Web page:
Why Leaders Should Want Employees to Sleep More
Supporting worker sleep is good for business
A long-haul truck driver fell asleep during his shift in Sunbury, Pennsylvania, on Jan. 13. Heading north on Route 147, he drifted into the eastbound shoulder for almost 375 feet, struck the side of the road and flipped his rig. Thankfully, the driver only suffered a minor injury and nobody else was harmed.
Poor sleep affects up to 70 percent of Americans and increases the risk of shortened lifespan and death. This includes deaths and injuries related to road accidents, stroke and reduced cardiovascular health.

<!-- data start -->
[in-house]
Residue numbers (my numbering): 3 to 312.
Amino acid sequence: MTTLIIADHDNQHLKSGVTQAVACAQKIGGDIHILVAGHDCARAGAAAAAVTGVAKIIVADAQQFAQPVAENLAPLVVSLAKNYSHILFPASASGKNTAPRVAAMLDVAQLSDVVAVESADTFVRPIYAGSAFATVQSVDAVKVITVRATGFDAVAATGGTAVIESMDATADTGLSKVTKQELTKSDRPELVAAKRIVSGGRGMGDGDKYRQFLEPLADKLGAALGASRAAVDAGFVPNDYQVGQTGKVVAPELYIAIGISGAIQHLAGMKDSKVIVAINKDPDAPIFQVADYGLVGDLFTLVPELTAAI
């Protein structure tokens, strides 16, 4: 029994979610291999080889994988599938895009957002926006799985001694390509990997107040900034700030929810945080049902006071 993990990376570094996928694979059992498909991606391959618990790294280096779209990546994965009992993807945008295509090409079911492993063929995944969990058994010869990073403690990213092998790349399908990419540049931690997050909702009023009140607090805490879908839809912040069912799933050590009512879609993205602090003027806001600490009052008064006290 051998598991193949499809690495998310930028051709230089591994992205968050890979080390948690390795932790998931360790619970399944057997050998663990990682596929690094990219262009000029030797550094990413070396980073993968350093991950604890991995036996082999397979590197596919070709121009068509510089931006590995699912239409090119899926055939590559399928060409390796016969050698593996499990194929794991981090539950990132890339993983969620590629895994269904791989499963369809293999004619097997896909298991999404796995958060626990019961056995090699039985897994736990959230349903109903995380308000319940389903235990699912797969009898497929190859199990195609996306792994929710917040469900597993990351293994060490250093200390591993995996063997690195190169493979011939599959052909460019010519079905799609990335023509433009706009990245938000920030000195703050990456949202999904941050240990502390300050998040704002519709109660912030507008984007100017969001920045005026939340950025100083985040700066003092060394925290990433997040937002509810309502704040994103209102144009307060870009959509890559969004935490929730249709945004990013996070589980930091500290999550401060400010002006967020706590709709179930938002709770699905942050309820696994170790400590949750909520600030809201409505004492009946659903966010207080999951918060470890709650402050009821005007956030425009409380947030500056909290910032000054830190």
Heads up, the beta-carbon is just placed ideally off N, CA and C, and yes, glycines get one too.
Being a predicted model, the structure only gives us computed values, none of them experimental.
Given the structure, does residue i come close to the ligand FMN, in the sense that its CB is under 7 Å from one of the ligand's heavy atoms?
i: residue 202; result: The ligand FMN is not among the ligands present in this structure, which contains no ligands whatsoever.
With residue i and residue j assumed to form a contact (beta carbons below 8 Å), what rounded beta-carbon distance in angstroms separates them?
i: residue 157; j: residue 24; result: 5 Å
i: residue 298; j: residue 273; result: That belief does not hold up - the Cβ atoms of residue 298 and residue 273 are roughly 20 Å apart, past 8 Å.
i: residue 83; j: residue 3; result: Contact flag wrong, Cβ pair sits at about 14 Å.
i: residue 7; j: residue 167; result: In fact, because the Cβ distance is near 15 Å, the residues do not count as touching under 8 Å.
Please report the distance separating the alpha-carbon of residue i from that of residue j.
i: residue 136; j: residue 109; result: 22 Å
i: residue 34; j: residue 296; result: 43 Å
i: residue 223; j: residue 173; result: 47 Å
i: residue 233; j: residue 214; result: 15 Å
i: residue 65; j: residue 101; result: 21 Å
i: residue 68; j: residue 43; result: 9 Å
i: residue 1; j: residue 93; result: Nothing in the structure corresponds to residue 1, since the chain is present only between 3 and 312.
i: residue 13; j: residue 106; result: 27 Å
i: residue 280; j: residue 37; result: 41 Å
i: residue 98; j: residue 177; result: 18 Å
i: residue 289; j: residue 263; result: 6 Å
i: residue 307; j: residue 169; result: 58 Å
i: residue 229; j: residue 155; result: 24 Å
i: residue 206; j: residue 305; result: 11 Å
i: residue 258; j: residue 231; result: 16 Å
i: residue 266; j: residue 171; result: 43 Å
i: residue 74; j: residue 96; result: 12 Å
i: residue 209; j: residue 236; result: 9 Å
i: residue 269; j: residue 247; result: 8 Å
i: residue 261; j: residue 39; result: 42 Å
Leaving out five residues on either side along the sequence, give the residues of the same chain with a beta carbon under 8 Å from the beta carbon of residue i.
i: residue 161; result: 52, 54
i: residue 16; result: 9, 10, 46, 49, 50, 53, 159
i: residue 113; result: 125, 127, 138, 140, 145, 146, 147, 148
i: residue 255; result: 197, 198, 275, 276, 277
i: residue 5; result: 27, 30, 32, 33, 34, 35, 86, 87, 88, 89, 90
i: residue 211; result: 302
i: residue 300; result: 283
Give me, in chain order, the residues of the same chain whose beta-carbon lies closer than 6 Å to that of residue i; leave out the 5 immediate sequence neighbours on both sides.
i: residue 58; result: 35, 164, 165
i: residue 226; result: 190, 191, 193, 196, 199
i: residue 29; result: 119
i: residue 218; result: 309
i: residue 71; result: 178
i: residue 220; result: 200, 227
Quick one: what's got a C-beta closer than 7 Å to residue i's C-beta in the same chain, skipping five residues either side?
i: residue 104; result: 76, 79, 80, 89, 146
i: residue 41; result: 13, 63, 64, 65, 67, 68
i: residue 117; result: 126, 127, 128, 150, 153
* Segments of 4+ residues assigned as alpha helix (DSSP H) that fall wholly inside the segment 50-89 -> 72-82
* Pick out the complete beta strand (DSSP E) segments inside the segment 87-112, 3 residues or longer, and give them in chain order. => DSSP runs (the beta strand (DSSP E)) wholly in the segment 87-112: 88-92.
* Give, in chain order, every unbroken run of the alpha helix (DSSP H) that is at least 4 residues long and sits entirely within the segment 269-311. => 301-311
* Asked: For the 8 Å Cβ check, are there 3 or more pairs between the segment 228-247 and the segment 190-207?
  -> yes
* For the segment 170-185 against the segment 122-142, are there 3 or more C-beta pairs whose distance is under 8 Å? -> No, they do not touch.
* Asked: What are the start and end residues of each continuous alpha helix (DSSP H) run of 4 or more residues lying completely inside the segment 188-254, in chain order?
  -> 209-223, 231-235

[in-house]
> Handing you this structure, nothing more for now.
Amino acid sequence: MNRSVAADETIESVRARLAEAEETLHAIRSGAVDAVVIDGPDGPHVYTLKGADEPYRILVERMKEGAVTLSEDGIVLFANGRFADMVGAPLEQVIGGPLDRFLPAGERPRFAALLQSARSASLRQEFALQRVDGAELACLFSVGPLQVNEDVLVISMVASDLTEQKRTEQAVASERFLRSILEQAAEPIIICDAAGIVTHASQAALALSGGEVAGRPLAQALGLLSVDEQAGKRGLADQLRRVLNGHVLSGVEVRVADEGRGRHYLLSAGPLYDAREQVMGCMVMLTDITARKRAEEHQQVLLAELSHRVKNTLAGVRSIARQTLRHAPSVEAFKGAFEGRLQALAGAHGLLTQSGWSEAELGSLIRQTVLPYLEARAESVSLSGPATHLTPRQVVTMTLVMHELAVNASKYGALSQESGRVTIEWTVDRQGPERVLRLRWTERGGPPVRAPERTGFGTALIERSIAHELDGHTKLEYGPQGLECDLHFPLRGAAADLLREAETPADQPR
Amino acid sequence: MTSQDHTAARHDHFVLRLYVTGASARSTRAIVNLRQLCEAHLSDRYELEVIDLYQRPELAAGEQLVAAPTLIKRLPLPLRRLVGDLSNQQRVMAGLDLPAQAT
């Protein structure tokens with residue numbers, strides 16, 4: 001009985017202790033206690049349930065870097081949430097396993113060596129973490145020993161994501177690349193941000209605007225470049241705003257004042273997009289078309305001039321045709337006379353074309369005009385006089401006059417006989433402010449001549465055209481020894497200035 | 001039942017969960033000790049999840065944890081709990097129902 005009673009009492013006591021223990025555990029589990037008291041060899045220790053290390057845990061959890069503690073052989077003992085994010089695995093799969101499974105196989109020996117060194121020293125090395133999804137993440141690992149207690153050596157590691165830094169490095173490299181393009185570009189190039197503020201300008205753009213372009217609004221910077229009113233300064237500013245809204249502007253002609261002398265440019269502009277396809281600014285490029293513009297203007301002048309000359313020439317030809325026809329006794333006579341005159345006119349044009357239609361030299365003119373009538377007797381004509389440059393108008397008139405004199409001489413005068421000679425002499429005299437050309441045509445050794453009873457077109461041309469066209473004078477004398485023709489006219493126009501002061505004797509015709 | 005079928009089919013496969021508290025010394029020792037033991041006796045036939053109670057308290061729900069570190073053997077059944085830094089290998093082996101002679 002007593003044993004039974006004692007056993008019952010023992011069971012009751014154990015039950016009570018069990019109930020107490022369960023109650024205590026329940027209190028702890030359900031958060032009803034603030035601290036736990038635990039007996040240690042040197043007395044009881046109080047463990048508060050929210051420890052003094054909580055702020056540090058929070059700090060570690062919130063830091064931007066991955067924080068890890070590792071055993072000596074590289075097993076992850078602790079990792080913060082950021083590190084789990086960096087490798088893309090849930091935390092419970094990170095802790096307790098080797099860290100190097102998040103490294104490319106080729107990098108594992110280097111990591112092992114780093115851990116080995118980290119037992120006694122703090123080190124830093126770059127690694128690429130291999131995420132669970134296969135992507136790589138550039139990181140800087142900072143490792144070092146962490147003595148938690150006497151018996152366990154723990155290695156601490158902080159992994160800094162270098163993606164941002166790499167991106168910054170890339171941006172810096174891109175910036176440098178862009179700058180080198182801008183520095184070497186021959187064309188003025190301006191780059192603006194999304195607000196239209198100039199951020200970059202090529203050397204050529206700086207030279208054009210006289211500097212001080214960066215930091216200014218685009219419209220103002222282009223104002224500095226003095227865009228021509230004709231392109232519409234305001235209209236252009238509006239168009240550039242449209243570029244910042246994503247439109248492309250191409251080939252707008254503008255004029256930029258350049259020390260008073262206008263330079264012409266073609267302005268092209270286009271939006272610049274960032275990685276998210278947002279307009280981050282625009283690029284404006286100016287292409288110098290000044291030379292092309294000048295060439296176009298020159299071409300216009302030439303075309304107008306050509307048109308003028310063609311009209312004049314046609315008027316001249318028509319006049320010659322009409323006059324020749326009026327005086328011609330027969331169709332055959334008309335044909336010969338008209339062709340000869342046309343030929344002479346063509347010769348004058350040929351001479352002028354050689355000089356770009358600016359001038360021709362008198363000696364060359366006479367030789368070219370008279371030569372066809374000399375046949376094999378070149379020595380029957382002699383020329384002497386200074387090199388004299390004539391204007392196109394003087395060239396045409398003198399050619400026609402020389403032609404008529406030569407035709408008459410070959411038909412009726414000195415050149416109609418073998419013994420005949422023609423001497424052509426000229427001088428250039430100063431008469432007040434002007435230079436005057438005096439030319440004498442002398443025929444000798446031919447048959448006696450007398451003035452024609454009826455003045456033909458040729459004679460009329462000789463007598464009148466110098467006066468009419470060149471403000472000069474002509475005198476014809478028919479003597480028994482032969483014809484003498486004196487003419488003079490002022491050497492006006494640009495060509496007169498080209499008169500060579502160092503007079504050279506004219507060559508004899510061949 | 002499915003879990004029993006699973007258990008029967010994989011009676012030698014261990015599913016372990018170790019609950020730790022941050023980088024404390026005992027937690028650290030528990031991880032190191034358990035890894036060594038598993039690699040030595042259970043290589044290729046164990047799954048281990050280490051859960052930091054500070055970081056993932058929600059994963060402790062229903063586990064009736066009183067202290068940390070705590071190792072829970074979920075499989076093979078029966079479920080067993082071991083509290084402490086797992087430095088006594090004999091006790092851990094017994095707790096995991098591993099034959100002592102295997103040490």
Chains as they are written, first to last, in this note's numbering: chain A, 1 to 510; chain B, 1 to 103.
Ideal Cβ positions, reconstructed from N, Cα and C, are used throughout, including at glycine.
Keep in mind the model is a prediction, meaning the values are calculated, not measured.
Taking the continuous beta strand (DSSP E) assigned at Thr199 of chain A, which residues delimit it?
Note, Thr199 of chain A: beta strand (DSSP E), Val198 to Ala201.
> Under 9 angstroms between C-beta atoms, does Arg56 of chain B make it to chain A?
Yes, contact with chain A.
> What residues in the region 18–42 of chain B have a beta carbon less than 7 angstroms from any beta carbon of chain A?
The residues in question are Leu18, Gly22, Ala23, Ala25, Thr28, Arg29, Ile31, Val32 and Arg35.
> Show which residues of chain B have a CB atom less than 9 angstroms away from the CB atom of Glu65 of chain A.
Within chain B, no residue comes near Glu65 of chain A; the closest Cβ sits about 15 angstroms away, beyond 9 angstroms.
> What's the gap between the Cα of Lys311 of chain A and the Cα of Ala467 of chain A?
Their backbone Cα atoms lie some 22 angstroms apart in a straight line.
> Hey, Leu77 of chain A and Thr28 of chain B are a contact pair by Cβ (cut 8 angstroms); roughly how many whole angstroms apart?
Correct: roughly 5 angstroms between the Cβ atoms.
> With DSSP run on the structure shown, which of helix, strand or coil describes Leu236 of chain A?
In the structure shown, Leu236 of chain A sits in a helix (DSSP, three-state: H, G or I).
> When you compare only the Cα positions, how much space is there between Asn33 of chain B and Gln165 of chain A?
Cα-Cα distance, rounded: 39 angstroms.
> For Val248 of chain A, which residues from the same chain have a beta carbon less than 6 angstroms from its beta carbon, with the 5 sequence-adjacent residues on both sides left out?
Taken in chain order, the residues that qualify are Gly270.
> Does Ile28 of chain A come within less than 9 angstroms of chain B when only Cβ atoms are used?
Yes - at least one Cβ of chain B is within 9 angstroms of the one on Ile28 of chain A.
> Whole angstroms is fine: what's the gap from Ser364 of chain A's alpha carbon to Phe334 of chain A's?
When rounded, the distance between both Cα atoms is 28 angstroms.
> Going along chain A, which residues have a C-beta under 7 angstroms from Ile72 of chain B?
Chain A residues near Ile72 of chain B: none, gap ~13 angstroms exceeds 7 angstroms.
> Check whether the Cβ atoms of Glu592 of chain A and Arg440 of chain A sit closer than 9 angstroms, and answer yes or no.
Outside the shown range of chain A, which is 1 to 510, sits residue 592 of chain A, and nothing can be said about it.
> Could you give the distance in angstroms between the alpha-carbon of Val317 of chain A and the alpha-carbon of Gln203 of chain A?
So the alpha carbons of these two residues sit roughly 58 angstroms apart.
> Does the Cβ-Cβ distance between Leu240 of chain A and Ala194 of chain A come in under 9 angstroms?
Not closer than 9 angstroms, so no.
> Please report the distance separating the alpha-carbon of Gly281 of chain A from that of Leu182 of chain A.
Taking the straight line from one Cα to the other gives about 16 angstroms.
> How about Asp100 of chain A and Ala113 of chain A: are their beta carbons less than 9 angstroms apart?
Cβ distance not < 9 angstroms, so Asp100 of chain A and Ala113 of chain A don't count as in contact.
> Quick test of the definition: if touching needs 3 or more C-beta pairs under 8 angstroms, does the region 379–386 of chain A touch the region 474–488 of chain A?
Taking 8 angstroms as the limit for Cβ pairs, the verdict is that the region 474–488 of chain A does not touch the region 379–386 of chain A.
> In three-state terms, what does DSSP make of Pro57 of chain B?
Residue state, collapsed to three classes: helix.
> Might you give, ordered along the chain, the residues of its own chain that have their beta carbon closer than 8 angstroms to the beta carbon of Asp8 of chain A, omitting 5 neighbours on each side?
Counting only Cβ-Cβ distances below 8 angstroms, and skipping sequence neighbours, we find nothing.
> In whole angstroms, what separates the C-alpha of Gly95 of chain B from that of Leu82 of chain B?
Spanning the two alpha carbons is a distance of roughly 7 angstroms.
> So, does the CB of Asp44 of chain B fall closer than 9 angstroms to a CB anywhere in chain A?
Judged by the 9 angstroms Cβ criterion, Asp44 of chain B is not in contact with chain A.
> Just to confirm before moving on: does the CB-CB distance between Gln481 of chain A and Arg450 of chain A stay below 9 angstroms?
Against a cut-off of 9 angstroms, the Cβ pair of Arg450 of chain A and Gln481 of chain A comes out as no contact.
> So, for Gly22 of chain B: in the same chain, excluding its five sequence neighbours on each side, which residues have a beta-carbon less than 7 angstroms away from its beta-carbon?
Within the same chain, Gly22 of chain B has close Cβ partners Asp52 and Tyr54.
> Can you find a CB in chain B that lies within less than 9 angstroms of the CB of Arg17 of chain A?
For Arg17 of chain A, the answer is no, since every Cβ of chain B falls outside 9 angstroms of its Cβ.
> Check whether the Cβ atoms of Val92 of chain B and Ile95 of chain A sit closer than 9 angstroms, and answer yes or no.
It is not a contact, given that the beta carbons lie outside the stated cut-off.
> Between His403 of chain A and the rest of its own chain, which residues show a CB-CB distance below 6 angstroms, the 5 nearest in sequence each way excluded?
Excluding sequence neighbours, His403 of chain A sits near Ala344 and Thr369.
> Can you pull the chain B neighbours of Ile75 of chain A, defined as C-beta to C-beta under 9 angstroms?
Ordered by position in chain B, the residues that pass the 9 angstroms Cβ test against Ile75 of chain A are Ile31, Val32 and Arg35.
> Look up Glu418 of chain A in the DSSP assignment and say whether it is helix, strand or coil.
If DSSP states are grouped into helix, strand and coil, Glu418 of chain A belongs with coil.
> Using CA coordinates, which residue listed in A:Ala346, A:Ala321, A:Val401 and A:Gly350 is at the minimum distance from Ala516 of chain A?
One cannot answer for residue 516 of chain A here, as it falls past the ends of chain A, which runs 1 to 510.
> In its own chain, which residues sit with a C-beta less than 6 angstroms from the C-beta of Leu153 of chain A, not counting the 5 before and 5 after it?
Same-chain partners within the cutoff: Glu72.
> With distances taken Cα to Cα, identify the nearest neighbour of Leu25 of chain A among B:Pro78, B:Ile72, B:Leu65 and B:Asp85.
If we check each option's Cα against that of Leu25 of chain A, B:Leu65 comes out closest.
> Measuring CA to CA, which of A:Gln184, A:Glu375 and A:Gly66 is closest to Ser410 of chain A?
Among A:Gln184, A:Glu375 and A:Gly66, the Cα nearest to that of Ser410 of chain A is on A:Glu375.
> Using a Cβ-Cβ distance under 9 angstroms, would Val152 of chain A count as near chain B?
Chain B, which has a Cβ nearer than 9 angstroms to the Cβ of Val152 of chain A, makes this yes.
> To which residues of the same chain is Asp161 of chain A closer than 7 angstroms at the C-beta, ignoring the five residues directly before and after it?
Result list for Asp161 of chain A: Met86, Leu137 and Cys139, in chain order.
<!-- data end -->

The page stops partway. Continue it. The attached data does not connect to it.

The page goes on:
Though sleep is not something you typically do at work, work schedules and job stress affect sleep, and poor sleep can affect job performance and safety at work. Police officers, firefighters, truck drivers and healthcare workers are among those especially at risk for workplace fatigue.
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